ABSTRACT. At a time in which enormous shifts in power are taking place worldwide power transition theory (PTT) once again rises into prominence and scholars increasingly use PTT as a template to analyze future US–China relations. From this vantage point the questions when the People’s Republic will reach parity with the United States and whether China is satisfied with the international order are of paramount importance. In this article I argue, however, that PTT is in need of adjustments regarding both aspects and namely that it is necessary: a) to discard the notion of satisfaction as a dichotomous variable and b) to correct PTT’s tendency to approach complex power relations as if they were simple bilateral stand-offs. I illustrate my arguments utilizing the empirical case of Weimarian Germany. For PTT Germany offers a crucial case. Three wars initiated by Germany/Prussia (the War of 1870/71, World War I and World War II) are among the chief vindications of PTTs central insight, that power transitions are prone to great power wars. In all three instances, Germany/Prussia was not only a rising power but also dissatisfied with the prevalent international order just as PTT expects. However, there are two further periods in which Germany reached parity with the dominant power in the 1920s. Peace prevailed according to the PTT account because Germany was satisfied with the status quo of the international order at the time. In this article I thoroughly analyze the European power constellations and the German (dis-)satisfaction with the international order throughout the different periods of the Weimar Republic. My results show that Weimarian Germany is in fact at odds with standard PTT, as it was not clearly satisfied; but in line with my adjusted version of PTT, as the German dissatisfaction varied throughout the investigation period while Germany was always less powerful than the defenders of the status quo combined. This finding has important ramifications for the current global power shifts and a possible future power transition involving the U.S. and China. pp. 127–158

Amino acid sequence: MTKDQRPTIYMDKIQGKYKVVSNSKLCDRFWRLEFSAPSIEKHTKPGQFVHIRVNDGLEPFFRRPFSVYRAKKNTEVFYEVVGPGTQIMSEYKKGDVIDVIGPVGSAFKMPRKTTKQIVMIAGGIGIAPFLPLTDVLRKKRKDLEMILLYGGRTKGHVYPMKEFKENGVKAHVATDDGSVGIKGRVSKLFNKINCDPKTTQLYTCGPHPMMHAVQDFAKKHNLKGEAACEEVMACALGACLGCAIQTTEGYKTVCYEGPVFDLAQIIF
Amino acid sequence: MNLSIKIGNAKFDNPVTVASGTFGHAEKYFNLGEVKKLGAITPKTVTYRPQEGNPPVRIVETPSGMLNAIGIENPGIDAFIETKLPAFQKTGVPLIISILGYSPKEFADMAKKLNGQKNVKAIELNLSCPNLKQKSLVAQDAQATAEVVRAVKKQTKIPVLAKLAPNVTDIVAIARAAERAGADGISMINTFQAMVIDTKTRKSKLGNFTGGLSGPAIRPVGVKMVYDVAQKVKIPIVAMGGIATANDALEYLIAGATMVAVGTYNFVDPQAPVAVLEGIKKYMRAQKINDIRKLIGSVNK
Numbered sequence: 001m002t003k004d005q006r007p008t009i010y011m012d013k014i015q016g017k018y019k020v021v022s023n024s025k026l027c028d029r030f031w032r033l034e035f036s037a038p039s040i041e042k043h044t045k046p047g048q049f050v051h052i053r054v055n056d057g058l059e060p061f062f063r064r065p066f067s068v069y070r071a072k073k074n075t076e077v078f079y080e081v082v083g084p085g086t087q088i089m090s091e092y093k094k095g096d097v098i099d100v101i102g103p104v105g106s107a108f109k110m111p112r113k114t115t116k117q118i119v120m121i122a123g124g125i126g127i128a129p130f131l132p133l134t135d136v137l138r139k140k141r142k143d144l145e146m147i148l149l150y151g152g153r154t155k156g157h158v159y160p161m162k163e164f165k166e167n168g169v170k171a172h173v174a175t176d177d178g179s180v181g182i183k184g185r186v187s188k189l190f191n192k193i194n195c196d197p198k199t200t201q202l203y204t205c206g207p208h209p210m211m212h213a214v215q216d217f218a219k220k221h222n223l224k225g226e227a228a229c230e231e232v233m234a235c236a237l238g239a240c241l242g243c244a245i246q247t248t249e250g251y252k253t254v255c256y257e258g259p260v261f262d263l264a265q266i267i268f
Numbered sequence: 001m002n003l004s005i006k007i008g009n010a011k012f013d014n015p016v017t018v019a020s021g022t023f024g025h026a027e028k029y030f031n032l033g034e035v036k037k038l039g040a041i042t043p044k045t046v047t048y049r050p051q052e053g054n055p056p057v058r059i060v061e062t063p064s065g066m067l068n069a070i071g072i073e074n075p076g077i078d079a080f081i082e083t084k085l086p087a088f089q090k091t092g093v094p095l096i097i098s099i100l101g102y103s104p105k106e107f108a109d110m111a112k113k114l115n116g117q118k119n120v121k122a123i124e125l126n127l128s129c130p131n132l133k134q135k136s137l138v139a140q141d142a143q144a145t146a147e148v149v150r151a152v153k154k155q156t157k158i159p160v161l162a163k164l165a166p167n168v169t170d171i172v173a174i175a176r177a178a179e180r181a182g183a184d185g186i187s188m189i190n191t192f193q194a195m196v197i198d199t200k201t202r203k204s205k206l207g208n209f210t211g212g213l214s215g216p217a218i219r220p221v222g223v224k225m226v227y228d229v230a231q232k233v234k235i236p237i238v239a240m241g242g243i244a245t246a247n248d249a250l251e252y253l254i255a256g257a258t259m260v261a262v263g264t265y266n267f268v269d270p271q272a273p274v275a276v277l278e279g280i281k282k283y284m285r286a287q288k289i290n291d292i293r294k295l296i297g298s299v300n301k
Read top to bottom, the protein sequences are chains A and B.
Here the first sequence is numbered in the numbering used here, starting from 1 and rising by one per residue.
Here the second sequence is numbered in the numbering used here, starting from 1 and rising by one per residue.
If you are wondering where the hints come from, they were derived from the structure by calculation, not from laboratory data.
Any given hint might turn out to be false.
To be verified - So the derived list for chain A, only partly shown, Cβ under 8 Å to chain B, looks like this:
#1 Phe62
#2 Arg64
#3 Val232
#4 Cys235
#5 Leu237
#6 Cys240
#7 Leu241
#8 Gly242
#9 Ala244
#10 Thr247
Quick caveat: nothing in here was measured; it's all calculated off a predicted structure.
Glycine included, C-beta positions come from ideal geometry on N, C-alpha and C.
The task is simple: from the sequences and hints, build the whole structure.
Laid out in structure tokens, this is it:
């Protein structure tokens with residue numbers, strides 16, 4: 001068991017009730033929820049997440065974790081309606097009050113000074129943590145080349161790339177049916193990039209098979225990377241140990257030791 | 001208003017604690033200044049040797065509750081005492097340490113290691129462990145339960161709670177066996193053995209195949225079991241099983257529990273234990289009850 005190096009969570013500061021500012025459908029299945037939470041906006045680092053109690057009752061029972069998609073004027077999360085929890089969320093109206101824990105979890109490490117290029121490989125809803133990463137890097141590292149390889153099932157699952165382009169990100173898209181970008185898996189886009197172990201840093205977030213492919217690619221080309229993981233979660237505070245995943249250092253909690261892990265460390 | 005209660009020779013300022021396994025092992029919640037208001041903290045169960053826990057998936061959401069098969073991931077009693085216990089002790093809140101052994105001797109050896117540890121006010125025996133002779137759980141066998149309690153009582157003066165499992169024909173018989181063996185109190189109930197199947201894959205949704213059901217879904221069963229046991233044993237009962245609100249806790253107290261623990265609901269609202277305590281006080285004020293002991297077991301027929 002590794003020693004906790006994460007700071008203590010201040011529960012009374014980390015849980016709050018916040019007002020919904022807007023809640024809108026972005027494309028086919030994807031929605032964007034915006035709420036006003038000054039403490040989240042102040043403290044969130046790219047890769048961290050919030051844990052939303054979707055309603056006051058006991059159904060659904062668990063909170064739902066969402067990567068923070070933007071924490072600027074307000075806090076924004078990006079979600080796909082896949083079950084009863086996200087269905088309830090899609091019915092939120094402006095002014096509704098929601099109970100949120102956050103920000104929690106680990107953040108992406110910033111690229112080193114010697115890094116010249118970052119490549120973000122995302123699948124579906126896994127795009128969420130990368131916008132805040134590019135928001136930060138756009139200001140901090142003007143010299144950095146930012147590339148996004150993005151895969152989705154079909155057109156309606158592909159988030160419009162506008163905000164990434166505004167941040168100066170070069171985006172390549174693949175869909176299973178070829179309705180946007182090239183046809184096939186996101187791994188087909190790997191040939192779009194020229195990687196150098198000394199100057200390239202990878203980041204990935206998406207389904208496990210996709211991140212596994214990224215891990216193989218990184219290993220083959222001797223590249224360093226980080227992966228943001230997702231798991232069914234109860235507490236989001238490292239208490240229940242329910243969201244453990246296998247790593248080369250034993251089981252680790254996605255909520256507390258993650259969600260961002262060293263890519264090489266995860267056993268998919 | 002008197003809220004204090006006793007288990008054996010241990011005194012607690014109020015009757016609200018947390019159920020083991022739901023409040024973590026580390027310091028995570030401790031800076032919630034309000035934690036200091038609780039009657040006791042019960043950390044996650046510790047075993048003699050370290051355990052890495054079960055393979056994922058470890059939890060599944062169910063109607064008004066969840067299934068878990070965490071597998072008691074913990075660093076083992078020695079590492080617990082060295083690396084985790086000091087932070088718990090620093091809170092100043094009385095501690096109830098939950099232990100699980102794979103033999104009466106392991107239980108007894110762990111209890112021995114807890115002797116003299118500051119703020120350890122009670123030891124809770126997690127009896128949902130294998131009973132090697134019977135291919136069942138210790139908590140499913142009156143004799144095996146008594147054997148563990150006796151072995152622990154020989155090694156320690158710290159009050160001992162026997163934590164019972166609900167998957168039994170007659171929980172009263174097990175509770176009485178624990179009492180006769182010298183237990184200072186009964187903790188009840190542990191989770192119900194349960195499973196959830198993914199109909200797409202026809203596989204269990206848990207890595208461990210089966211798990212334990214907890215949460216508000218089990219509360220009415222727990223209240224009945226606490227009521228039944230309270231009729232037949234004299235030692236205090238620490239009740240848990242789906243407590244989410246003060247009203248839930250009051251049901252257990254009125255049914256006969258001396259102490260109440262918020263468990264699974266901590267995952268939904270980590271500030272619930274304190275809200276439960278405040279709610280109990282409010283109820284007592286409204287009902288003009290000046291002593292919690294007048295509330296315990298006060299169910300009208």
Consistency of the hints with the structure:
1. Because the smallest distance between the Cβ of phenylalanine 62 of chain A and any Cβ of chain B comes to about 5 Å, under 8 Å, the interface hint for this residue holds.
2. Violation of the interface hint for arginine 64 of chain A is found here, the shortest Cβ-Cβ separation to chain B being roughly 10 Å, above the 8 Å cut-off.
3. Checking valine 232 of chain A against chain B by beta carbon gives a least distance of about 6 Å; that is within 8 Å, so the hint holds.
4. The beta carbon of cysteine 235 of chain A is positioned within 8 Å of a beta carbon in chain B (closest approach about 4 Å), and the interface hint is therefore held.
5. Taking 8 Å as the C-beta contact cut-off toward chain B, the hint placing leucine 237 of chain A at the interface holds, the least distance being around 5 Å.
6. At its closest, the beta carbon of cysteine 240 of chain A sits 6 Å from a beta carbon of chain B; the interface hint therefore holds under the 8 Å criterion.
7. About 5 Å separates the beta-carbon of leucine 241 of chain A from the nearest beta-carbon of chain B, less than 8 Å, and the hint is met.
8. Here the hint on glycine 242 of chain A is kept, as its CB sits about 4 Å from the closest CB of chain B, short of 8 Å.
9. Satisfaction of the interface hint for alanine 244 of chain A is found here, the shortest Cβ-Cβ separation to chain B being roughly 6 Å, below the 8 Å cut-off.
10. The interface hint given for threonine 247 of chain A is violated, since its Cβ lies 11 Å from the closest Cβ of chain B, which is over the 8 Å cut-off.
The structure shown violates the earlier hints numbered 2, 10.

Keywords: IR theory; international order; satisfaction with the status quo; power shifts; interwar period; Weimar Republic

How to cite: Rauch, Carsten (2016), “Adjusting Power Transition Theory – Satisfaction with the Status Quo, International Power Constellations, and the Case of the Weimar Republic,” Geopolitics, History, and International Relations 8(2): 127–158.

Received 15 February 2016 • Received in revised form 24 March 2016
Accepted 25 March 2016 • Available online 10 April 2016


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Peace Research Institute Frankfurt (PRIF);
Goethe University Frankfurt

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